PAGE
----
Though common surgical instruments like hooks, needles and scissors are used during a laparoscopy, the most common laparoscopy-specific instruments you will encounter are:
- Needle Drivers
A laparoscope is a fiber-optic instrument attached with a light source and video camera that is inserted through the abdominal wall to view organs in the abdomen. Scopes with different diameters and tips are commonly used for different procedures, such as a larger scope that allows more light and leads to better image quality, and angled tips that allow for looking around corners or at the undersurface of the abdominal wall. After the video feed is sent to the monitor, a doctor can view it and possibly send it for additional processing, such as filtering, noise reduction, color adjustment and image enhancement.
Needle drivers, also called needle holders, are typically comprised of a long, narrow surgical steel shaft that is attached to a handle at one end, and a set of hinged jaws at the other end. The shaft is usually coated with an outer layer of non-conductive plastic or silicone, and most jaws are made from tungsten carbide with additional coatings applied to improve grip. In a laparoscopy, needle drivers are used to hold and manipulate needles during an operation, which enables free-hand suturing of wounds or surgical incisions. To achieve this, needle holders are comprised of three parts—the jaws, joints and handles—and, depending on the shape of the jaws, are classified as either straight or curved:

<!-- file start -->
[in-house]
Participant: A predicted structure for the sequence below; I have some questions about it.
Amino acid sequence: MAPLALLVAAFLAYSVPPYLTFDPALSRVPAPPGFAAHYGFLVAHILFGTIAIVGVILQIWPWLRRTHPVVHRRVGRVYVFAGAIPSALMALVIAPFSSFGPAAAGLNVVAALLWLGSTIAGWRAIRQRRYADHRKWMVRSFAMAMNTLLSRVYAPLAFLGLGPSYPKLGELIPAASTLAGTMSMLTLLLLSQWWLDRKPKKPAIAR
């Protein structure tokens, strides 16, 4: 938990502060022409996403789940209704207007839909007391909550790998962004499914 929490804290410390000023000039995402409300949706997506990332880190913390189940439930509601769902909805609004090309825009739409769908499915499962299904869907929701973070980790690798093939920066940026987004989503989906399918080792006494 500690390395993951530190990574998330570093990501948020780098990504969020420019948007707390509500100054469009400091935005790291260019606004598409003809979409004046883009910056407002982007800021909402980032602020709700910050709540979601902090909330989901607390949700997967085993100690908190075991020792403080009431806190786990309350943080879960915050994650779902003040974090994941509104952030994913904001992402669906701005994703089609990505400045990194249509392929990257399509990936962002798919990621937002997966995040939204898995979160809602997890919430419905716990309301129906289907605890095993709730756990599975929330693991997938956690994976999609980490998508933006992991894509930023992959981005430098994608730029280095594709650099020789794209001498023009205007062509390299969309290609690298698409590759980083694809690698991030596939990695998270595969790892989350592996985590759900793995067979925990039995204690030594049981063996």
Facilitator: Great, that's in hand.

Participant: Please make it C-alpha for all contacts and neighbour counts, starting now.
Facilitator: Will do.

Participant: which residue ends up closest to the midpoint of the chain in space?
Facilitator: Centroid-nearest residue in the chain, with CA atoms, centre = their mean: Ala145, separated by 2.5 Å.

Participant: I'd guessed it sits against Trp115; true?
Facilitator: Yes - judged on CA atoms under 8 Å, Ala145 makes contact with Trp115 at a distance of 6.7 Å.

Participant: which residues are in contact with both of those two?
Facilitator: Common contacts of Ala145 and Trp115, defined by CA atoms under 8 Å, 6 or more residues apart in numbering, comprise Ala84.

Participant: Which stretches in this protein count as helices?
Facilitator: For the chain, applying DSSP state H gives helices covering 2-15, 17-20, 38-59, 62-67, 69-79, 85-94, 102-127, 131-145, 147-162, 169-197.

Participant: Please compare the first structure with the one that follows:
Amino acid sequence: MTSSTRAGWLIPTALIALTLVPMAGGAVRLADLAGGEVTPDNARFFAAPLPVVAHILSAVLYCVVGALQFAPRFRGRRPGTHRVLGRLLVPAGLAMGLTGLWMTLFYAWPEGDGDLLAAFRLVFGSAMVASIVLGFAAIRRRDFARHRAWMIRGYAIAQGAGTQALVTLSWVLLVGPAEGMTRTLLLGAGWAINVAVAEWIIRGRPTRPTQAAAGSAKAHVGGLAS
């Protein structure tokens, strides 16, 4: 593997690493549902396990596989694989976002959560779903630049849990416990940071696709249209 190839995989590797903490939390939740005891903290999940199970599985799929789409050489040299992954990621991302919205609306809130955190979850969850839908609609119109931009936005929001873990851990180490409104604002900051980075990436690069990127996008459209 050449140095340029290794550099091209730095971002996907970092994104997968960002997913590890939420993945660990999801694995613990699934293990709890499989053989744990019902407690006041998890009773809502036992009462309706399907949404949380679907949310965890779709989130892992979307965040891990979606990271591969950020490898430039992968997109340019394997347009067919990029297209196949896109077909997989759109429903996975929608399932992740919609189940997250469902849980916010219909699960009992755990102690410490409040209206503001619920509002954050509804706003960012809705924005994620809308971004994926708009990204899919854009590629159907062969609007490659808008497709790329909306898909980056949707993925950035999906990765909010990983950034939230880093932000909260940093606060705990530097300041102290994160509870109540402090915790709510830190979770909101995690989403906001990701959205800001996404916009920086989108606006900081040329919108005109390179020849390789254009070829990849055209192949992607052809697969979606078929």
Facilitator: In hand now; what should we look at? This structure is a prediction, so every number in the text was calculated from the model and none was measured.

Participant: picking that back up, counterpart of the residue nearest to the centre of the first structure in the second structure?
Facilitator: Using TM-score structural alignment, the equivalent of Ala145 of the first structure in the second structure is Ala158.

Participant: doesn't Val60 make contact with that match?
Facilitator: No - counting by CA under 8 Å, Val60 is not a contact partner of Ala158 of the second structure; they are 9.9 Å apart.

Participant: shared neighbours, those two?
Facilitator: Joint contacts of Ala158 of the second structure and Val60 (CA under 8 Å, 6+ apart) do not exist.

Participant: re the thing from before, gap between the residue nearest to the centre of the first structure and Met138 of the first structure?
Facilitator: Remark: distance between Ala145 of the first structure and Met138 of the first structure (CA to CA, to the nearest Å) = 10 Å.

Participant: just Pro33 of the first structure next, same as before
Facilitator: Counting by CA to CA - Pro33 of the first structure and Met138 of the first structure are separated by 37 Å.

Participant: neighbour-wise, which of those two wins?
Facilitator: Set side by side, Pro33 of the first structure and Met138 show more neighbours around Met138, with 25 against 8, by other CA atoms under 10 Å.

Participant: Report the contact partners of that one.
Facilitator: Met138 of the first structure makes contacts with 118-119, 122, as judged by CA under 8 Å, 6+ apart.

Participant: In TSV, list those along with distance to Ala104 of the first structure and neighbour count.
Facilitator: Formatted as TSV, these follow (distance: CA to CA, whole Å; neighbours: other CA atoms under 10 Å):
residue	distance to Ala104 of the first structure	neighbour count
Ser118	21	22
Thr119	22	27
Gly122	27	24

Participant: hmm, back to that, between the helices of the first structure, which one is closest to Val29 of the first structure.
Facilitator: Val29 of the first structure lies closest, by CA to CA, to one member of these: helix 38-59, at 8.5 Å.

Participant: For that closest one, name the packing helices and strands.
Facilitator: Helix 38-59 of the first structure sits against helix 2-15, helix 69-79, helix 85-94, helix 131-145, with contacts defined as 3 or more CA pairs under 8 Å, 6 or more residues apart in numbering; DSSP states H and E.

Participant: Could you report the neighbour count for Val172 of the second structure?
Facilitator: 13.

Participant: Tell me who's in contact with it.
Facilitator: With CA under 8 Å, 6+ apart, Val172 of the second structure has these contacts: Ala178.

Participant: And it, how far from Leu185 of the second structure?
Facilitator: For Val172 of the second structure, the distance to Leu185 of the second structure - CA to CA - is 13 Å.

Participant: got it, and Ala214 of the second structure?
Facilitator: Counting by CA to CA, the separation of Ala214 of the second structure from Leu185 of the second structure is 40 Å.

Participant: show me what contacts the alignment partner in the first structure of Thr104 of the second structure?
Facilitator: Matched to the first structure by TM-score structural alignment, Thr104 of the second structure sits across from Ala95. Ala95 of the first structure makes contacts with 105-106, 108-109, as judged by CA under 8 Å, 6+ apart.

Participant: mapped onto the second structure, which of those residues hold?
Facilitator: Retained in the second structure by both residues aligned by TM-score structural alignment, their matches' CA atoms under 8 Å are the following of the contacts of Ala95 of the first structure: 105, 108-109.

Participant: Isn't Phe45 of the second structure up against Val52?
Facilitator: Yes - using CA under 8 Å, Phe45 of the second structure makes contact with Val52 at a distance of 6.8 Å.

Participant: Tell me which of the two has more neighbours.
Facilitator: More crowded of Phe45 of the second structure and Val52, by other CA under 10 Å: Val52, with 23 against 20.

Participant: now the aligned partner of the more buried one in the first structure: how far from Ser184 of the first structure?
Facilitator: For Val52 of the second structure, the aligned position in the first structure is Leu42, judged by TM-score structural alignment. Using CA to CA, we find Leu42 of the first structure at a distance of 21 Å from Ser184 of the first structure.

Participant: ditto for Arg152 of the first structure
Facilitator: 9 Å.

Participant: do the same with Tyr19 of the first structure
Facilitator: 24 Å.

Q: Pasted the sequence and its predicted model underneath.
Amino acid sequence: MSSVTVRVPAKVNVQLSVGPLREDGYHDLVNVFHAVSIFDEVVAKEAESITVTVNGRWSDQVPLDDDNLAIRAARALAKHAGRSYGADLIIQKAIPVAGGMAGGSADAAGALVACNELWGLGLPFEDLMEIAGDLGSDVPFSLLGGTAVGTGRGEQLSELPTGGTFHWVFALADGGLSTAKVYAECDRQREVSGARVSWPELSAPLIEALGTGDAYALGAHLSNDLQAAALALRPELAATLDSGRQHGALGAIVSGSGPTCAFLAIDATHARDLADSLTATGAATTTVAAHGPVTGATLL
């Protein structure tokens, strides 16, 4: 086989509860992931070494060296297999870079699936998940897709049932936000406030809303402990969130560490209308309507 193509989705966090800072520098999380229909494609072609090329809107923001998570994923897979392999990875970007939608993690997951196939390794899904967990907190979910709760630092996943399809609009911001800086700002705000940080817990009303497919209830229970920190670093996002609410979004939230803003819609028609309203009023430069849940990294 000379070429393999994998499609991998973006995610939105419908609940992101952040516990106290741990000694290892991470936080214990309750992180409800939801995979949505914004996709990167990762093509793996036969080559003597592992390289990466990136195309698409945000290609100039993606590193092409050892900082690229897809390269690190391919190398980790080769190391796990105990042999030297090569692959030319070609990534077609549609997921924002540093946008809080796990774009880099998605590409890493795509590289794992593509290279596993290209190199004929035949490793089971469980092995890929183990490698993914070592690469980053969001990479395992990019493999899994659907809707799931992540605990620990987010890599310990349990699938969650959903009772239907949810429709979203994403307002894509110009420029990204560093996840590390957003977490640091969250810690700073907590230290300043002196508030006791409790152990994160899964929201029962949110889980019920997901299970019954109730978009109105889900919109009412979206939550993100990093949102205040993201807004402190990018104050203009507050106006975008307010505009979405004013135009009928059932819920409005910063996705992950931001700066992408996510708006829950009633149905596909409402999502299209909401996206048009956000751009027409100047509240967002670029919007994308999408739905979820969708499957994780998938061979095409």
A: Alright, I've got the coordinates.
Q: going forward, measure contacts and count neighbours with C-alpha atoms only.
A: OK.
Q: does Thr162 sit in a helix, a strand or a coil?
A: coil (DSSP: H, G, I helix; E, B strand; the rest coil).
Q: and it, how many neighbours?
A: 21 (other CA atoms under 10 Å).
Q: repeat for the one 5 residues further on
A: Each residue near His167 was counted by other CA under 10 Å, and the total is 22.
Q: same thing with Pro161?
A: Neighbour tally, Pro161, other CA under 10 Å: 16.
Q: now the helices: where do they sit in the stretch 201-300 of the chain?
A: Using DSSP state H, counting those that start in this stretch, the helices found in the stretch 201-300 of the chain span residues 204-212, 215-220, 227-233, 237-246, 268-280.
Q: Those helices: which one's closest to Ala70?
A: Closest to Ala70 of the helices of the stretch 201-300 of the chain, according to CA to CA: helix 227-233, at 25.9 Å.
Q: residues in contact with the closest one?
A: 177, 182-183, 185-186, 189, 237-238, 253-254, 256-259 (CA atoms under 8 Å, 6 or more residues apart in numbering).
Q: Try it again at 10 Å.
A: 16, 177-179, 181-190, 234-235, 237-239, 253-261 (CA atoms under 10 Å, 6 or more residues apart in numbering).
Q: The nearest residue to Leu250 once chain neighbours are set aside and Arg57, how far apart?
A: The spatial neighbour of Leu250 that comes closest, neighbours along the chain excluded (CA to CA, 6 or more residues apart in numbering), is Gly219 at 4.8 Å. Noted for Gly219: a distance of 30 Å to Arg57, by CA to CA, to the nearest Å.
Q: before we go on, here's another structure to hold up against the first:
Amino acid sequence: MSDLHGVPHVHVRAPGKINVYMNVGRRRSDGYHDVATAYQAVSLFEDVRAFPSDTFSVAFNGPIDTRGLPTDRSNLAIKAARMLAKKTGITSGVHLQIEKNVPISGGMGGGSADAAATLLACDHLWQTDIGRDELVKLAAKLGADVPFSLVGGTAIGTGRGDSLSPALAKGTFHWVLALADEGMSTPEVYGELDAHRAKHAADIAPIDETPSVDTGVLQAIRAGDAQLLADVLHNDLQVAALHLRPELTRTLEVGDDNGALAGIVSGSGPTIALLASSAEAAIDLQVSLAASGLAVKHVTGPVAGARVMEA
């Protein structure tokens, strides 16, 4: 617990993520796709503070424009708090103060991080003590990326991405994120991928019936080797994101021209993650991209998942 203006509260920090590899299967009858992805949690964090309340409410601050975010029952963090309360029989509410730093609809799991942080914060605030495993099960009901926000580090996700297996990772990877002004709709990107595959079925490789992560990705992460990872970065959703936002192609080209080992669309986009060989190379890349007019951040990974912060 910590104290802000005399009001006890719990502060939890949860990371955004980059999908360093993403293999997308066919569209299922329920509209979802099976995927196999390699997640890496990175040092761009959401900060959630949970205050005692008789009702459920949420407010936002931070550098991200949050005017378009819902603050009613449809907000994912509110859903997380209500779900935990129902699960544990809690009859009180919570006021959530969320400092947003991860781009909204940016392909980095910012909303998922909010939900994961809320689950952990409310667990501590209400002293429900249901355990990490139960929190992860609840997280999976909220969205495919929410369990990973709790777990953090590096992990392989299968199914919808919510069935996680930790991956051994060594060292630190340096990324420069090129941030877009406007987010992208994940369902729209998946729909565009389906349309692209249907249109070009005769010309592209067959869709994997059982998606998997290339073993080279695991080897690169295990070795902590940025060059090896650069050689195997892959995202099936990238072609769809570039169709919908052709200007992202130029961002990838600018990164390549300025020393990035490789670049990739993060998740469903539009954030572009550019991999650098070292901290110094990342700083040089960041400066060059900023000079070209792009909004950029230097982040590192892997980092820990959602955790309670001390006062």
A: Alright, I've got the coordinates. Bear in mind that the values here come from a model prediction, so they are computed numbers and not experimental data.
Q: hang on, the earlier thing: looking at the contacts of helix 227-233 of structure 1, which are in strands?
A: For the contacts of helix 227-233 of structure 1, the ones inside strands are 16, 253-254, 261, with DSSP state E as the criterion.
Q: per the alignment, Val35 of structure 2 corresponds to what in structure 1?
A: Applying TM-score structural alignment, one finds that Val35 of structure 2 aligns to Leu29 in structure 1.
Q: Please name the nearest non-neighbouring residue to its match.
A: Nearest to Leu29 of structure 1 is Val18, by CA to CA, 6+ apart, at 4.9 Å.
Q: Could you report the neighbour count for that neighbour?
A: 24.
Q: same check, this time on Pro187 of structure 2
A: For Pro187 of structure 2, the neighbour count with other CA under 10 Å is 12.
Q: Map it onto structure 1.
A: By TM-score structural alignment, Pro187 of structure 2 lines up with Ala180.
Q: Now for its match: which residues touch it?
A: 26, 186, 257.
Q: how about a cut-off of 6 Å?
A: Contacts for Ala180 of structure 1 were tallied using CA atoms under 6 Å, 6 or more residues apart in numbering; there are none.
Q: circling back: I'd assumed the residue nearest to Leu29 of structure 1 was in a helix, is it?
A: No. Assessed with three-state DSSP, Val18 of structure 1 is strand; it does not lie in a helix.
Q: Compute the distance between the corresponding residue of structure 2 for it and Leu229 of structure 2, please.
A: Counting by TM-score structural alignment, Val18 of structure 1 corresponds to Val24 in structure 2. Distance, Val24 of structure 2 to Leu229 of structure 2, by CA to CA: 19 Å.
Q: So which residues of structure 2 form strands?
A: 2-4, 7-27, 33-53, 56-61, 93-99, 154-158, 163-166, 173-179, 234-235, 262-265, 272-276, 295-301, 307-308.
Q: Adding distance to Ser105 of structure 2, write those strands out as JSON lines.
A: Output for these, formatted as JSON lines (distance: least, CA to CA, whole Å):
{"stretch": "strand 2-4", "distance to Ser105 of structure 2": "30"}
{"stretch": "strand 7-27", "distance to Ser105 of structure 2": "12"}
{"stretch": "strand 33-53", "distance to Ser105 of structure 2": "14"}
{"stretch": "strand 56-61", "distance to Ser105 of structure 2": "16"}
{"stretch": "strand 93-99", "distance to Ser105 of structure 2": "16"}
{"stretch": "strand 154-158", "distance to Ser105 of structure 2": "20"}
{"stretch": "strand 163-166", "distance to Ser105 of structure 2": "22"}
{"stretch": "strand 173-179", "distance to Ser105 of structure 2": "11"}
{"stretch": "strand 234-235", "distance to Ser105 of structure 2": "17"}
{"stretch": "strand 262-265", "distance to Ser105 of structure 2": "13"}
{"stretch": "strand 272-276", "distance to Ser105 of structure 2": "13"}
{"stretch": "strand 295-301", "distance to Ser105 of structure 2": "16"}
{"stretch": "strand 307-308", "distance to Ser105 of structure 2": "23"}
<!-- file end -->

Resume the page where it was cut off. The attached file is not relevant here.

- Curved left
- Curved right
A trocar is a pen-shaped device with a sharp, triangular piercing stylus at one end that is used to create an opening in the abdominal wall, which is used as an access port during surgery. Most trocars are housed inside of a sleeve that is inserted and placed in the body after the piercing stylus has made the opening, which is then removed through an opening in the upper end of the device so the laparoscope and other instruments can be placed through.
In laparoscopic surgery, trocars have many uses, and are referred to as both an initial entry device and an operational device, as is the case when a hollow cannula is used inside the body to drain fluid. Trocars are also used to create pneumoperitoneum by inflating the abdomen with carbon dioxide, which functions to increase internal space between organs for better surgical instrument manipulation. This procedure, called insufflation, uses a gas-tight valve located at the top of the trocar to allow instruments to be inserted and removed during a procedure without letting any carbon dioxide escape.
Laparoscopic bowel graspers are grasping instruments designed to safely maneuver abdominal tissue during laparoscopic surgery, and are used during observation, excision and biopsy procedures. For example, they are used to hold bowel tissue clear of the operating field to facilitate access to the surgical site. If a grasped tissue must be maintained for a prolonged period of time, a locking mechanism is usually used to help reduce hand fatigue, which can be locked in a range of different positions, depending on the amount of pressure required. The instrument’s exterior is also coated with an electrically insulating layer of plastic or silicone to alleviate the risk of electrical burns during the application of electrosurgical energy.
Laparoscopic surgery is a widely accepted minimally invasive surgical technique used to examine the organs inside the abdomen. Because the incisions with this procedure are much smaller than those used for open surgery, recovery is faster and post-operative pain is lessened, making it a common outpatient procedure. Various forms of disposable laparoscopic instruments also exist because of the difficulty involved cleaning and sterilizing the many small parts that comprise these devices. Though more expensive than reusable instruments, disposable instruments are sometimes chosen to alleviate the sterile processing burden.